Tobermory, ON: Canada's most haunted
At the very tip of Ontario's Bruce peninsula, some 180 miles north of Toronto, is Tobermory, the self-proclaimed "scuba diving capital of Canada"—boasty stuff for a wee former fishing village with two main streets and a year-round population in the high three figures.
And yet, close to 10,000 divers make the trek every year to explore its crystal-clear, icy (and we do mean icy) depths: Due to a maze of islands and dangerous reefs, many vessels passing through in the late 19th and early 20th century didn't make it.
There are 26 shipwrecks near Tobermory—and those are just the ones that have been discovered. All of which makes this spot, home to Fathom Five, Canada's first National Marine Park, a haunting place indeed.
You'll learn all about the vessels' histories: The 214-foot steamer W.L. Wetmore went down right before Christmas 1901, during a storm. In 1885, a two-masted schooner named the Sweepstakes sank in water just 20 feet deep and sits, quite visible from the surface. And while the barque Arabia perished even earlier than that off Echo Island, the lack of current and the fresh water's temperatures—they start at 35F in May, when diving season opens—have left the wreck remarkably well-preserved. Three of the shipwrecks remain unidentified.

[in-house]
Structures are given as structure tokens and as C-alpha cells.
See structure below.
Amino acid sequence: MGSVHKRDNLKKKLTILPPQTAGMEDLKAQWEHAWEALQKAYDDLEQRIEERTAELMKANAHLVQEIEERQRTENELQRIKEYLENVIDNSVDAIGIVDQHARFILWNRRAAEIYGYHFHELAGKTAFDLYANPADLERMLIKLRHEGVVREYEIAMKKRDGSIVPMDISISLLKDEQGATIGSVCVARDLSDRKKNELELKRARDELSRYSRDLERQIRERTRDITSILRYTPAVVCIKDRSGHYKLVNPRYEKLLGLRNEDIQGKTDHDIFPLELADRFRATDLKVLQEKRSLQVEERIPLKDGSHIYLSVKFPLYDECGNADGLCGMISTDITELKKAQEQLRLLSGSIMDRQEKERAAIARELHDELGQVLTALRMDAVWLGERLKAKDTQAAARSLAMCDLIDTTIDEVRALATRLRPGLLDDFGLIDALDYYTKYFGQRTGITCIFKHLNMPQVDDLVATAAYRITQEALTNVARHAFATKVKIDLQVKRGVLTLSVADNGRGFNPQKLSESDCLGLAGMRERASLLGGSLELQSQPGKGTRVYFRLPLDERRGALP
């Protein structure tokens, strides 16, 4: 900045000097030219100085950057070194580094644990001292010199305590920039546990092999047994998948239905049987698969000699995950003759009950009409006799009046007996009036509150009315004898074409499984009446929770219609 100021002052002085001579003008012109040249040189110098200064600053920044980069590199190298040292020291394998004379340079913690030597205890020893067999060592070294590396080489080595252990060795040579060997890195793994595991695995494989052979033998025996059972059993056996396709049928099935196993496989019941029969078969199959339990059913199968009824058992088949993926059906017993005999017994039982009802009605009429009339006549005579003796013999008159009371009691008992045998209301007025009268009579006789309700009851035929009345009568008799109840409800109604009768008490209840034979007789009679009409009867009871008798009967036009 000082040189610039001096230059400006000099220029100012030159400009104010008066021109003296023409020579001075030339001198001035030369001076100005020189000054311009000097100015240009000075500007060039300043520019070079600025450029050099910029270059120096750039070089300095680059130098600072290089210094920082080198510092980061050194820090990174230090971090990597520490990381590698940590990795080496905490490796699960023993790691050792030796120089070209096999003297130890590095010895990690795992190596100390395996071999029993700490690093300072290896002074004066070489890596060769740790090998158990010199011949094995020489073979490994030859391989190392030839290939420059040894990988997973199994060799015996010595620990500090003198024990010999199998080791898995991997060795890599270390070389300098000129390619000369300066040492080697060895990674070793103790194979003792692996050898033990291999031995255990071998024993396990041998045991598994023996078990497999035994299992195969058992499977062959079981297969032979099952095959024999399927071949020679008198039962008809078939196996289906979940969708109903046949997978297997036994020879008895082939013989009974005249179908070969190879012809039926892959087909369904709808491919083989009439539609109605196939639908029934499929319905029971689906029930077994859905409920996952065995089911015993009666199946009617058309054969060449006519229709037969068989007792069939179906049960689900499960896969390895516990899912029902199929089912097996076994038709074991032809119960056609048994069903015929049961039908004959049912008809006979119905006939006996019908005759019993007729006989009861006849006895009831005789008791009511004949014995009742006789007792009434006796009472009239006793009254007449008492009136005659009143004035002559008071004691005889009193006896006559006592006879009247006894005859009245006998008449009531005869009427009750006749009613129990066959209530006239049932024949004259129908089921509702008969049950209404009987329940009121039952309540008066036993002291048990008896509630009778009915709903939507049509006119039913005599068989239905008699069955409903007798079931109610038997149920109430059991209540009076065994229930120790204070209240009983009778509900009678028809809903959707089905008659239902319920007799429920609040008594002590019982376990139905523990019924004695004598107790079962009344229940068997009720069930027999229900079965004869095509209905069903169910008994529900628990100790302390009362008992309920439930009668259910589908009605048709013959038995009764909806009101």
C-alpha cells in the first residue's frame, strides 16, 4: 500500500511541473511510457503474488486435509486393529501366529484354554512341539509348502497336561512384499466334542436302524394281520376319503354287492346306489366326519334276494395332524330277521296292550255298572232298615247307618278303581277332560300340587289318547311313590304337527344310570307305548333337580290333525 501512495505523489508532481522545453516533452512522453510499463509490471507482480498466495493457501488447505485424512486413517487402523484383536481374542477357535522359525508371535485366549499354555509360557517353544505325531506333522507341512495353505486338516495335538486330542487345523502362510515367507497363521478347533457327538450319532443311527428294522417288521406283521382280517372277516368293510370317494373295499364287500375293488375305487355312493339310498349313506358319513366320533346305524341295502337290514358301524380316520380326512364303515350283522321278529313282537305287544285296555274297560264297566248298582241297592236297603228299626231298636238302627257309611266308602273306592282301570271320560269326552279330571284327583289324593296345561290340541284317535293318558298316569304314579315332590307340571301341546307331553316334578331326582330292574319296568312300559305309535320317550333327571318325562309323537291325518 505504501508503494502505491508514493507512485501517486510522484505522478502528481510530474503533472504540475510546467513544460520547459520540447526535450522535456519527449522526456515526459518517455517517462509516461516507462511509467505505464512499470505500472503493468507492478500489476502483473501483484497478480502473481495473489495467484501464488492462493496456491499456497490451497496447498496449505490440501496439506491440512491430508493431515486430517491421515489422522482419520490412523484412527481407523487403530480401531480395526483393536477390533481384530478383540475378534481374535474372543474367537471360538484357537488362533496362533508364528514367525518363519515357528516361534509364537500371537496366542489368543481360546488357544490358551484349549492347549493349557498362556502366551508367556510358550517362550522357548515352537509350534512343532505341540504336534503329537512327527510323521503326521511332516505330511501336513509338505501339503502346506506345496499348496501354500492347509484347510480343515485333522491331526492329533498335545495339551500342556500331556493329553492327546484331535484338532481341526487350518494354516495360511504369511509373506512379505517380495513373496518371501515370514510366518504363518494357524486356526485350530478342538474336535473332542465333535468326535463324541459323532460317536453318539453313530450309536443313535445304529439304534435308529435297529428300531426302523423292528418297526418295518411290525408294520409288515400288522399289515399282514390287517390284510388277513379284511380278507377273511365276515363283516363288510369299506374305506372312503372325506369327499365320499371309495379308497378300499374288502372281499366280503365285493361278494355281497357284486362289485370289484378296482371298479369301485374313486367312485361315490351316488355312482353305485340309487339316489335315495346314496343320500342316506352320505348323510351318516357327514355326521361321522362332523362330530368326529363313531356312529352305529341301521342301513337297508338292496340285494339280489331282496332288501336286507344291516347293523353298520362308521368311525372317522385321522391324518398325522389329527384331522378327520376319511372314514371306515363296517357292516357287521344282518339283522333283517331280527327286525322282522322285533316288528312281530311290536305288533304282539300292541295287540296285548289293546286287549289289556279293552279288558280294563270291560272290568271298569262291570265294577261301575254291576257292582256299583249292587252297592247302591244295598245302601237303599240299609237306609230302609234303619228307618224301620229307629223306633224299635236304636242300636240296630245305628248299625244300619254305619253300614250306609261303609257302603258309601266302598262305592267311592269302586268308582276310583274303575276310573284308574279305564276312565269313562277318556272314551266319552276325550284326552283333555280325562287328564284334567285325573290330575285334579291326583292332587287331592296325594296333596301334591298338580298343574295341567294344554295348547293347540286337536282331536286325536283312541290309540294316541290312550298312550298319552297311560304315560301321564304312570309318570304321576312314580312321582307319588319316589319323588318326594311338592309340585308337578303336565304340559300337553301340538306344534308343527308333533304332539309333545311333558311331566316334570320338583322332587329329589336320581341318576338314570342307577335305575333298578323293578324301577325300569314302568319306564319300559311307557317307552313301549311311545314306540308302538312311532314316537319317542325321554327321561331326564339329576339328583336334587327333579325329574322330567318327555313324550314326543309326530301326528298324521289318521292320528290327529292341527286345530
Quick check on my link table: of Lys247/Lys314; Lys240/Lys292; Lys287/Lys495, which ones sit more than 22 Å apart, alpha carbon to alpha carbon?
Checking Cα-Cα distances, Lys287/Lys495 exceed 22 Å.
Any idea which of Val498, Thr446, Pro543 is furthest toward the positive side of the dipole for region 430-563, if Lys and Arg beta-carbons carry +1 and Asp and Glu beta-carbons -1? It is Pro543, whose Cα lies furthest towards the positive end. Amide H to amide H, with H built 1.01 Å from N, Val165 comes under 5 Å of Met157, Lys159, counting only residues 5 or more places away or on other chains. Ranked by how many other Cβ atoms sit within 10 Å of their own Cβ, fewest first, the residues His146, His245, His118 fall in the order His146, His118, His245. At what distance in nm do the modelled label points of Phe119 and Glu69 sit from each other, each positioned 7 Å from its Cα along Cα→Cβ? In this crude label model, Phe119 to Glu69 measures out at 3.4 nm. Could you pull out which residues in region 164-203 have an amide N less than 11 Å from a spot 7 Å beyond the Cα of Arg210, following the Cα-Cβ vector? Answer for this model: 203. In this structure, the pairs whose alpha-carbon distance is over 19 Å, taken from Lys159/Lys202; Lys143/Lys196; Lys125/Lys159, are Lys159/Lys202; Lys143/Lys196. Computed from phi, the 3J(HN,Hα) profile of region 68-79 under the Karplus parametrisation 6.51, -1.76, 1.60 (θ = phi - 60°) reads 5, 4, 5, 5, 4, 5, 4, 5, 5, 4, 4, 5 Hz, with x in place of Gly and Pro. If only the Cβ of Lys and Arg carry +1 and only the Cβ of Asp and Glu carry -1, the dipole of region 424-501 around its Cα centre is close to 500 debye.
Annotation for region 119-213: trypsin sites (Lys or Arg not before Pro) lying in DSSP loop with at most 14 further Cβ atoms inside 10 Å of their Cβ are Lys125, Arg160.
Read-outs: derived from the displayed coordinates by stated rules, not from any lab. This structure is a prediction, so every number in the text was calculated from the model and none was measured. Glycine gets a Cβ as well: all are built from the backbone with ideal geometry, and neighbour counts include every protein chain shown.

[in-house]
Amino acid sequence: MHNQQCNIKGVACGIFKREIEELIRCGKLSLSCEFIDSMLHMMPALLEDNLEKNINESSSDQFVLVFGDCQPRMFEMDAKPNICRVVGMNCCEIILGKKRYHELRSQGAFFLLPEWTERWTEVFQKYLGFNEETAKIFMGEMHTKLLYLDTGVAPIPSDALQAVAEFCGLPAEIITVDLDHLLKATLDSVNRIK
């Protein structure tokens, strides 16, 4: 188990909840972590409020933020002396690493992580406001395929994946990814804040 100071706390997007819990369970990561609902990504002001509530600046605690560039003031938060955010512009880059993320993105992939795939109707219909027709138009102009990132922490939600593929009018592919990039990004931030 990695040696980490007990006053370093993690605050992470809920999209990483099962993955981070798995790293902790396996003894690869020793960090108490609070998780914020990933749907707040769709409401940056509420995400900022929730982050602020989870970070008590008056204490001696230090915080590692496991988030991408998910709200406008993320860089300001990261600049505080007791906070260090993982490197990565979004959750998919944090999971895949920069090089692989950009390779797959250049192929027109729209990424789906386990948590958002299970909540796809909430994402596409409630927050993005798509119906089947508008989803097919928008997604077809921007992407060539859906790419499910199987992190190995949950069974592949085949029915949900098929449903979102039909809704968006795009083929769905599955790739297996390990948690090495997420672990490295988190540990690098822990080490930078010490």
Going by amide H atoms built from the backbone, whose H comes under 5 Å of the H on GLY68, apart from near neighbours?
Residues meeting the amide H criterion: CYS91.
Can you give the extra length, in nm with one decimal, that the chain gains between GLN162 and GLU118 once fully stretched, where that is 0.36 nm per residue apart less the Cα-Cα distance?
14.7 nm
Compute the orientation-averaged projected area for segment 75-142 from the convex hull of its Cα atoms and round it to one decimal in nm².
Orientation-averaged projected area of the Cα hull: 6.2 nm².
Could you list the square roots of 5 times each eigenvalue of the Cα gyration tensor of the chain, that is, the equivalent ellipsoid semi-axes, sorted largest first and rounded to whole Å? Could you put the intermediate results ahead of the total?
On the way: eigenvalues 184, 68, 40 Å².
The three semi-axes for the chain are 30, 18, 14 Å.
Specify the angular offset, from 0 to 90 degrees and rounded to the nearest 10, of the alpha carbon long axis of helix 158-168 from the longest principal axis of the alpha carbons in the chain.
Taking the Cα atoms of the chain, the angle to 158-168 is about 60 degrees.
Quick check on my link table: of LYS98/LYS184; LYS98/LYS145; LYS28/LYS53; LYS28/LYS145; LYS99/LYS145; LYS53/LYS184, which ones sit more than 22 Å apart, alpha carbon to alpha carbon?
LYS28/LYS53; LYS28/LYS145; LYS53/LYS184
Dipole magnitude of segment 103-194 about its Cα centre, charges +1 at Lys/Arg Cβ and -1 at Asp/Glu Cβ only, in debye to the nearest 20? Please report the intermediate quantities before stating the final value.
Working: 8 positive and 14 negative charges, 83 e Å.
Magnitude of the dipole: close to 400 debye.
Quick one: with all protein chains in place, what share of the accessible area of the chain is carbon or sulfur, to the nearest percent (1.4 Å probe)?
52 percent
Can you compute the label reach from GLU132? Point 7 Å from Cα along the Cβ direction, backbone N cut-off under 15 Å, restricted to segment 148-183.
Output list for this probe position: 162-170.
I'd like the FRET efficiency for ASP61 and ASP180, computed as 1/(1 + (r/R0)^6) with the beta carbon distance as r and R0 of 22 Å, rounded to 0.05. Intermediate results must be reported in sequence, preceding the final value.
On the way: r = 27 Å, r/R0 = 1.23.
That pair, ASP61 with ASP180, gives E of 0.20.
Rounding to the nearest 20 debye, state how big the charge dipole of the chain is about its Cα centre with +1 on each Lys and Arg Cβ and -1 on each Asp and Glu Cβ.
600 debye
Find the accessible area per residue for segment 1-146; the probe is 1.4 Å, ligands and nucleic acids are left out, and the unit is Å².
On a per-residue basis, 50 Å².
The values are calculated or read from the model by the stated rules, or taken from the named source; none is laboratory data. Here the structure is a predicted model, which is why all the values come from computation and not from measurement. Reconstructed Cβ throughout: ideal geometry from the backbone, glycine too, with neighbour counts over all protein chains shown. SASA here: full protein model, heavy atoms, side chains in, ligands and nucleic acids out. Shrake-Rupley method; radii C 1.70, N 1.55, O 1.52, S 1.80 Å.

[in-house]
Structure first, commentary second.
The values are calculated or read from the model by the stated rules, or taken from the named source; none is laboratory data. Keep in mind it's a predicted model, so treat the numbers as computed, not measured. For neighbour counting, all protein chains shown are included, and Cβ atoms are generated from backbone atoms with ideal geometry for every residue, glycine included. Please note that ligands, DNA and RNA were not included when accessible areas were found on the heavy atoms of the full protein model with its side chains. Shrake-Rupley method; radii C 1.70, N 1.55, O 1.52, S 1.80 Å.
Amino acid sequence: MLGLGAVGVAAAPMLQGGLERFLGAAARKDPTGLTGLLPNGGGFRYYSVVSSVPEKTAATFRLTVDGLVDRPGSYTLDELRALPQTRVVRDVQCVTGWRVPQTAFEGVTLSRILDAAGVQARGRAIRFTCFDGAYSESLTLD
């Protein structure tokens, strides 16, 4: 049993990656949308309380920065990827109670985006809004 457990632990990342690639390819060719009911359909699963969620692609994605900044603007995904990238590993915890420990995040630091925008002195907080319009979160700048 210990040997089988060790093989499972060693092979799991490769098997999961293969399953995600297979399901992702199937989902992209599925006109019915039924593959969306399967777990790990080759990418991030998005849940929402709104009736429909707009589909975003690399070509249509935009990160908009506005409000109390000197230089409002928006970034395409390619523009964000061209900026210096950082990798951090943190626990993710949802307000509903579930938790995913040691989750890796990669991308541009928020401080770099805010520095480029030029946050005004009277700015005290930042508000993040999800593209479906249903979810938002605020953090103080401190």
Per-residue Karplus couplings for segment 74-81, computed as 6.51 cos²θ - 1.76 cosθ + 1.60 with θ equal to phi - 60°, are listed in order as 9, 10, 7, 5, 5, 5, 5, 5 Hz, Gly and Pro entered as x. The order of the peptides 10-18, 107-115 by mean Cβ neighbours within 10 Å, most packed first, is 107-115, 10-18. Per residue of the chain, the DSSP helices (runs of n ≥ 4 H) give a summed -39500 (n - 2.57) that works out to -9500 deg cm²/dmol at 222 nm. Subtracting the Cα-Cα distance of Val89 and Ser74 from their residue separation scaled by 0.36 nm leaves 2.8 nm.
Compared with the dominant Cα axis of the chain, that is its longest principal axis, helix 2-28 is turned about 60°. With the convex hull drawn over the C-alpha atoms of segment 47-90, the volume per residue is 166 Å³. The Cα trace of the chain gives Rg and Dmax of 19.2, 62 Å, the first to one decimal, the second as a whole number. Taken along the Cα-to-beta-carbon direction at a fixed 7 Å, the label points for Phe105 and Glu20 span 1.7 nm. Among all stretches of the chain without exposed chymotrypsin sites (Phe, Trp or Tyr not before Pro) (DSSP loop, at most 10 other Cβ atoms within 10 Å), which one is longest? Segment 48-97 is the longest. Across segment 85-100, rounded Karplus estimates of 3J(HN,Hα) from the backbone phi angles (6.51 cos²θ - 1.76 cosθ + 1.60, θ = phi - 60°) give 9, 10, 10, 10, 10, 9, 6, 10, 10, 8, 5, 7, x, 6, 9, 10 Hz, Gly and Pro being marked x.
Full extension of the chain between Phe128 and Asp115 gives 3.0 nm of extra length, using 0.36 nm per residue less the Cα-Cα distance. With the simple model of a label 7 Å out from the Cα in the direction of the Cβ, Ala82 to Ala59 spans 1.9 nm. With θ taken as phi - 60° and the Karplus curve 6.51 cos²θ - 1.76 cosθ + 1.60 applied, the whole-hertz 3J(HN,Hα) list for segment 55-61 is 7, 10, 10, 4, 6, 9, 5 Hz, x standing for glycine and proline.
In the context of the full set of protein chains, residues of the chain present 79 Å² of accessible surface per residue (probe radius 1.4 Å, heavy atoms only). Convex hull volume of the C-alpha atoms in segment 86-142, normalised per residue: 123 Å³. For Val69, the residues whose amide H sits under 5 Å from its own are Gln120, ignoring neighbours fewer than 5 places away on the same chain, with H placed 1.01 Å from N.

And in April 1912, the wireless station that had just replaced Tobermory's old telegraph line picked up the distress calls of a sinking ship: the Titanic.
If cold-water diving leaves you, well, cold, you can explore some of the wrecks from the comfort of a glass-bottom boat.